In the early years of the twentieth century, Herbert Garratt, the London-based inspecting engineer for New South Wales Government Railways, was trying to interest locomotive manufacturers in his innovative design for an articulated locomotive. In effect, a Garratt offered the customer a powerful locomotive equivalent to two ordinary locomotives.
Essentially, the locomotive was divided into three sections. A rigid frame section comprising the boiler, cab, water tank and coal bunker, mounted on top of two flexible power-driven wheel sets. The flexibility of the wheel sets would enable such a locomotive to negotiate existing curves and gradients.
After several rejections, Garratt’s idea was taken on by Beyer, Peacock & Co, who were based in Gorton, Manchester.
During 1909 the first Beyer Garratt locomotives were completed. They were a pair of 2ft (610mm) gauge 0-4-0+0-4-0 engines for the Tasmanian Government. Each was 32ft 2ins (9.8 metres) long and weighed 32.5tons (29,483.5 kg).
Step forward to the early 1930s. The worldwide economic depression had left Britain’s commercial locomotive manufacturers struggling as orders for new engines all but dried up. For example, in 1928, the UK’s nine major manufacturers completed 682 locomotives. In 1932 they turned out just 39 between them. Beyer Peacock built twelve, Kitson & Co eleven, Nasmyth Wilson eight, Hawthorn Leslie five, and the mighty Vulcan Foundry just three. The North British Locomotive Co, Robert Stephenson & Co, and Armstrong Whitworth didn’t build anything, and William Beardmore & Co threw in the towel.
So, when the very existence of Beyer Peacock was under threat, it was trebles all round at Gorton when the company received an order for what would be the largest steam locomotive ever constructed in Europe.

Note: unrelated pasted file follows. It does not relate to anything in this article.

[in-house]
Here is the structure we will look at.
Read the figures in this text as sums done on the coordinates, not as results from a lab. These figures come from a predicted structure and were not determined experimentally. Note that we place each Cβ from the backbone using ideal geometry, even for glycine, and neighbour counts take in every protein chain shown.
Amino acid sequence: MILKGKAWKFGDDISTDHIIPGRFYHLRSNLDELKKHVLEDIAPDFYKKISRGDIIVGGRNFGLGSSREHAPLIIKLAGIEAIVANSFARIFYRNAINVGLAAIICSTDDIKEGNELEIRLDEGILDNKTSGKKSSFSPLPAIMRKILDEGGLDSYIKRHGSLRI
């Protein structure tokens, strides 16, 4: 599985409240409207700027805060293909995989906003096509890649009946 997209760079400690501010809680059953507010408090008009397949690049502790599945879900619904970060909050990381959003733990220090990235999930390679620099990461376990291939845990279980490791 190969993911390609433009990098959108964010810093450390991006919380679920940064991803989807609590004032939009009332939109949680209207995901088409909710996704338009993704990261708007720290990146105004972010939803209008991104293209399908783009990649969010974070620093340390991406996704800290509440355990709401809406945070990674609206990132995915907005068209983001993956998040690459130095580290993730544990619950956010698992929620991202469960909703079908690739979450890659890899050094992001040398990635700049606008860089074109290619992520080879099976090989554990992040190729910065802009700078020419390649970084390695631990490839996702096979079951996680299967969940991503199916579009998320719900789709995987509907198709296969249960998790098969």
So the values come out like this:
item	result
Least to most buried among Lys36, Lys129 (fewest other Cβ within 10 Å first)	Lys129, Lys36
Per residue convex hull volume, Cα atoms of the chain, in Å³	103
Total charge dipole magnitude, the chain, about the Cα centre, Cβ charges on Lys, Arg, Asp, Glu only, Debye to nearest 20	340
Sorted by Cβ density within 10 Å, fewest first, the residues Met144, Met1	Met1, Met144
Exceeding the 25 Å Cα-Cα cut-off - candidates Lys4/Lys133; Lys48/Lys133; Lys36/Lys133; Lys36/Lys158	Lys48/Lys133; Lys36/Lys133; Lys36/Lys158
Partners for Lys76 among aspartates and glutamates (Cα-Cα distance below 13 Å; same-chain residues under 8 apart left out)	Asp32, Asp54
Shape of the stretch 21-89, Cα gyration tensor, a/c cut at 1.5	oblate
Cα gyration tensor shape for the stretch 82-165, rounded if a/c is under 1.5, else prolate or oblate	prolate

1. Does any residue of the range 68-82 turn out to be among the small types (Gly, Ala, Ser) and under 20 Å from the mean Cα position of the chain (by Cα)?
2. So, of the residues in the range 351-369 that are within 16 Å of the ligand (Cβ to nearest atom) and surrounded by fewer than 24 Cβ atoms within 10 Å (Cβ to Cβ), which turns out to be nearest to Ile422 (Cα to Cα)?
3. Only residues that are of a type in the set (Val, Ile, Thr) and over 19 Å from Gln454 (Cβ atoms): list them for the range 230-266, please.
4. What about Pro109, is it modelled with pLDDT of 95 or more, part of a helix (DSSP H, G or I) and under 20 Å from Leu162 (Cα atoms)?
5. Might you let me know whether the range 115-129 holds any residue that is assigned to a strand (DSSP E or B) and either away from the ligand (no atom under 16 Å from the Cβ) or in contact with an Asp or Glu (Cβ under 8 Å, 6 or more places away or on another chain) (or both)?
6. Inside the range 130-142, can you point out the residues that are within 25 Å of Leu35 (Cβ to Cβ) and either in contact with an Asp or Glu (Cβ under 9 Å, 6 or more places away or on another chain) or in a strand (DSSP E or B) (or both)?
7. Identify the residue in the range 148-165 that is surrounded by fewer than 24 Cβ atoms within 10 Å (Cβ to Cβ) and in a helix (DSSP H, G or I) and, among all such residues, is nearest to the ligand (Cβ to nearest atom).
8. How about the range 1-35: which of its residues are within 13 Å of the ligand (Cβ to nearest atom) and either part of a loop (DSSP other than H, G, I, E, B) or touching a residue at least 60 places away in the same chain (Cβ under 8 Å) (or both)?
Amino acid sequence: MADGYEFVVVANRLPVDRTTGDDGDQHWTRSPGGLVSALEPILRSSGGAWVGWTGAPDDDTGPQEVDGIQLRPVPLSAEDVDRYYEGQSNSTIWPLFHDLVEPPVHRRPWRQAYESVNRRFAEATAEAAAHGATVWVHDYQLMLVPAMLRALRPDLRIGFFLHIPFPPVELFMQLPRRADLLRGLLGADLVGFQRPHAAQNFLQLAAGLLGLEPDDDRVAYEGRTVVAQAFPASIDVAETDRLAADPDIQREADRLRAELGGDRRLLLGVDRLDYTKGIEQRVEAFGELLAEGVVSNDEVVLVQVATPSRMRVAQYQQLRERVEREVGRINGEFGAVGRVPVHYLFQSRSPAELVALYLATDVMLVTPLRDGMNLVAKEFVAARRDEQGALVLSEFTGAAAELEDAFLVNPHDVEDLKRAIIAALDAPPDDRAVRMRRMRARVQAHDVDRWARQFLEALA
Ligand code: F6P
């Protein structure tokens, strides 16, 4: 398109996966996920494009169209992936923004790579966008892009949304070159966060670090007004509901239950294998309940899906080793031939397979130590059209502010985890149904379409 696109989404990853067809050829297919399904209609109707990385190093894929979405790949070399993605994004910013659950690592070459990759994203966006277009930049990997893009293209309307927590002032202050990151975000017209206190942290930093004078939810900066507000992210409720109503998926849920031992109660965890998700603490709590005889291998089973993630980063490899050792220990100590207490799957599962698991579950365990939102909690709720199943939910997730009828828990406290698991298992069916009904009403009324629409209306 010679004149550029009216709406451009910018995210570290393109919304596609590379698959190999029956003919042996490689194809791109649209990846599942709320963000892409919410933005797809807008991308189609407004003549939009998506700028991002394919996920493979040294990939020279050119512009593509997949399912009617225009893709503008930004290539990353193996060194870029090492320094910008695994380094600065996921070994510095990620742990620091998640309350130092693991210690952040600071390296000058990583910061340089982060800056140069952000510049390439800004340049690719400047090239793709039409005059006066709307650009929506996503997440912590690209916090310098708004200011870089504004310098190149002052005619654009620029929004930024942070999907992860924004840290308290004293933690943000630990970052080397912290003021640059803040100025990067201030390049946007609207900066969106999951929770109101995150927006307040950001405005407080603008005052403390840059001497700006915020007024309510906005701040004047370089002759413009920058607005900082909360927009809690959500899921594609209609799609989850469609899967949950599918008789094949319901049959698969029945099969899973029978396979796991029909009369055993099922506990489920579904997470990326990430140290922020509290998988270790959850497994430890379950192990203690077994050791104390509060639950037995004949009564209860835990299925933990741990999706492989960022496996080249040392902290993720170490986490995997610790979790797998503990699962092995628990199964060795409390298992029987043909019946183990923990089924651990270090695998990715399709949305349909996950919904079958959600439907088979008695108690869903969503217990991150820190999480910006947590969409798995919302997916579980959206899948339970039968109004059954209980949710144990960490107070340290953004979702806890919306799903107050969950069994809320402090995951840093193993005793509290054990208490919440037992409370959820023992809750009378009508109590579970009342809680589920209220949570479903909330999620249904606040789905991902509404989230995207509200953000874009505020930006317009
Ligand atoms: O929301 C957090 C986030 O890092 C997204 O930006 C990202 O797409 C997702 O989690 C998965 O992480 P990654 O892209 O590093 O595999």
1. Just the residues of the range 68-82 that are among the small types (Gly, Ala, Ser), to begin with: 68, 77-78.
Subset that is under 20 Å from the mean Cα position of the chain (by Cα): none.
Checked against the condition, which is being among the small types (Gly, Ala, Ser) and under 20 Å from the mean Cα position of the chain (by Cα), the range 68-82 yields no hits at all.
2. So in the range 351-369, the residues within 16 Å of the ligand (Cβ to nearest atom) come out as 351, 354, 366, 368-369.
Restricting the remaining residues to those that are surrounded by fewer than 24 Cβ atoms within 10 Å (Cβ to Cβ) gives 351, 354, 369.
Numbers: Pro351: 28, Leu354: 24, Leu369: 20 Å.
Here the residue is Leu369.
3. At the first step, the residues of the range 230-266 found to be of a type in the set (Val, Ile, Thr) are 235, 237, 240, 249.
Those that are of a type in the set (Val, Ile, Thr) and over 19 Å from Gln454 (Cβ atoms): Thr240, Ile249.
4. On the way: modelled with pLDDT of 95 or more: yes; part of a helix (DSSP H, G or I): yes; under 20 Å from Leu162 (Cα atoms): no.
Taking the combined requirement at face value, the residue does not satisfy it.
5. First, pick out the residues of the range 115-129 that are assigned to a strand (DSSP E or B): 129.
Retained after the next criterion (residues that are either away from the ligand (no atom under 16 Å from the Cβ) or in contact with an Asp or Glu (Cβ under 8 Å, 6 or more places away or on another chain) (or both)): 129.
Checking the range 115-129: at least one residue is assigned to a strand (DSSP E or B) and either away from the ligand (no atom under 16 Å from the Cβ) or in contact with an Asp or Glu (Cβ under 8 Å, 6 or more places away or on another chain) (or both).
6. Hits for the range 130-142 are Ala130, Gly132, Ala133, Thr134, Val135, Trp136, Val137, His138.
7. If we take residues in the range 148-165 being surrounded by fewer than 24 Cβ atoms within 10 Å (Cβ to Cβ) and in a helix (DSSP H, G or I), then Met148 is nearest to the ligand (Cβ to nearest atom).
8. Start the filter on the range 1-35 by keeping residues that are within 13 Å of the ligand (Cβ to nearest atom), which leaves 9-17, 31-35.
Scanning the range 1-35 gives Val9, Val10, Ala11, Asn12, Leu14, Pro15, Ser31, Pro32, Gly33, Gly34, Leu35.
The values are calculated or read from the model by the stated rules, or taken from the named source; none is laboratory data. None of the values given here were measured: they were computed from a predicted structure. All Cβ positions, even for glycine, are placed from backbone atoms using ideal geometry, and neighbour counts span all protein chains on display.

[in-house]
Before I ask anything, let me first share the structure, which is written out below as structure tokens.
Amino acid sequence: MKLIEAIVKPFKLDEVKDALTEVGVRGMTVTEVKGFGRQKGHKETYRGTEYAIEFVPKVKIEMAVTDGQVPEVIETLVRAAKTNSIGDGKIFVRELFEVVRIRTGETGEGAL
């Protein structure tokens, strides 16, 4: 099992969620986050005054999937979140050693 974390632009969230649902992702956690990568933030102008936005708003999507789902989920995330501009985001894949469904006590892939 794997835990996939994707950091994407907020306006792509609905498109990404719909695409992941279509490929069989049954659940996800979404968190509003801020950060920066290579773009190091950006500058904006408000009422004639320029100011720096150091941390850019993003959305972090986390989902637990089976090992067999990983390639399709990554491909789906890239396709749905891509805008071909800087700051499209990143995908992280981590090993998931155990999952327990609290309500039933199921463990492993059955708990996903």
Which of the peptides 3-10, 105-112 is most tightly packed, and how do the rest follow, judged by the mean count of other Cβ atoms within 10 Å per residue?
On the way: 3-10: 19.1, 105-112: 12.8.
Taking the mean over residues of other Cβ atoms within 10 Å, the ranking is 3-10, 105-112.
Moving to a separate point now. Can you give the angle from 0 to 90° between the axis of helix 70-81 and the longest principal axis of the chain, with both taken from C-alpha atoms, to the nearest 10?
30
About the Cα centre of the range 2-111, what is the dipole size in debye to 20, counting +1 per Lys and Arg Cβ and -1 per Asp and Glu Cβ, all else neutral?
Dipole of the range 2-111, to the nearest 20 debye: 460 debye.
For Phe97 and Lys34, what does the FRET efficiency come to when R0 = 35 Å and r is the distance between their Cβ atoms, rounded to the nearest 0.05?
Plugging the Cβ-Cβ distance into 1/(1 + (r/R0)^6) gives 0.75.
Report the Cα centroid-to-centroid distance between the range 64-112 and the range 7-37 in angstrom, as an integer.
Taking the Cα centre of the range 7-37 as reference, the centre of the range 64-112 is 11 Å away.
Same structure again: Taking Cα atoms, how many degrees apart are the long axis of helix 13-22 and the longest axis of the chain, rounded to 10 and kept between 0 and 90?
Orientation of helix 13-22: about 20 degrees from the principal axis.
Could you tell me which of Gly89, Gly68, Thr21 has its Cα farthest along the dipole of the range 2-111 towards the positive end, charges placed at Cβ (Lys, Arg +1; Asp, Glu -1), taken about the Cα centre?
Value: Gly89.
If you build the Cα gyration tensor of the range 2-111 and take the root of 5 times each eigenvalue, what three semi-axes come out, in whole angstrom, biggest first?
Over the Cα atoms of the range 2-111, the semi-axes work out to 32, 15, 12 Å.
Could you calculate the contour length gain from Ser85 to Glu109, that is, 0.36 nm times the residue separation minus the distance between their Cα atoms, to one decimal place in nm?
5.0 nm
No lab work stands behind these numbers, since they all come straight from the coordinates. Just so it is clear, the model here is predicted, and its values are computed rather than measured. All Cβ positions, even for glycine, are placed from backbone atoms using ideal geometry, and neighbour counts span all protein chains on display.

The customer was the Soviet Union, where, following a study into the viability of using articulated locomotives both in industry and on Soviet railways, an order was placed for a 4-8-2+2-8-4 locomotive.
Built to the Soviet gauge of 5ft (1524mm), it was 109ft (33.22 metres) in length, 17ft 2 in (5.232 metres) tall. Coal was fed into the firebox using an automatic stoker. The locomotive weighed 262.5 tons (238135.99 kg) in full working order.
Beyer Peacock pulled out all the stops. Special attention was paid to preventing heat loss. External pipework was heavily lagged and fitted with drain cocks so water couldn’t freeze inside them, and the main steampipe was enclosed in a special casing. The cab was lined with wood to protect the crew from the cold.
Following completion at Gorton in early December 1932, Ya-01 as the locomotive was now numbered, was dismantled and taken to Manchester Docks for shipping to Leningrad. On arrival, it was reassembled and sent to the Urals to run a series of trials and was reported as operating successfully in temperatures as low as -41C.
In May 1933, Ya-01 moved to the Moscow area for a series of trials organized by the Research Institute of Traction Reconstruction. Some of the trials might have occurred on the Institute’s Experimental Railway Loop, the world’s first such facility to be built. There, YA-01 would have been put through its paces by Professor N I Belokon and his staff.
When the Institute published its findings, they were highly critical. Why it was is unclear to this day. It might have been to hide that the USSR lacked the foreign exchange reserves necessary to purchase Garratts in quantity. Another problem facing the Soviets was that they would need to spend considerable sums building support facilities for these engines.
Following the trials, Ya-01 was allocated to Nizhnedneprovsk-Uzel engine sheds of the Stalin Railway at Dnipropetrovsk (modern day Dnipro) in the Ukraine. There the Garratt was used for hauling heavy coal and freight trains.
Following the Nazi invasion in June 1941, the Research Institute was evacuated to Tashkent, Uzbekistan. Ya-01 was also transferred to the east where, despite problems with maintenance, including sourcing spares, it worked on the Eastern Siberian Railway until early 1957. However, some sources state Ya-01 was withdrawn from service in 1937.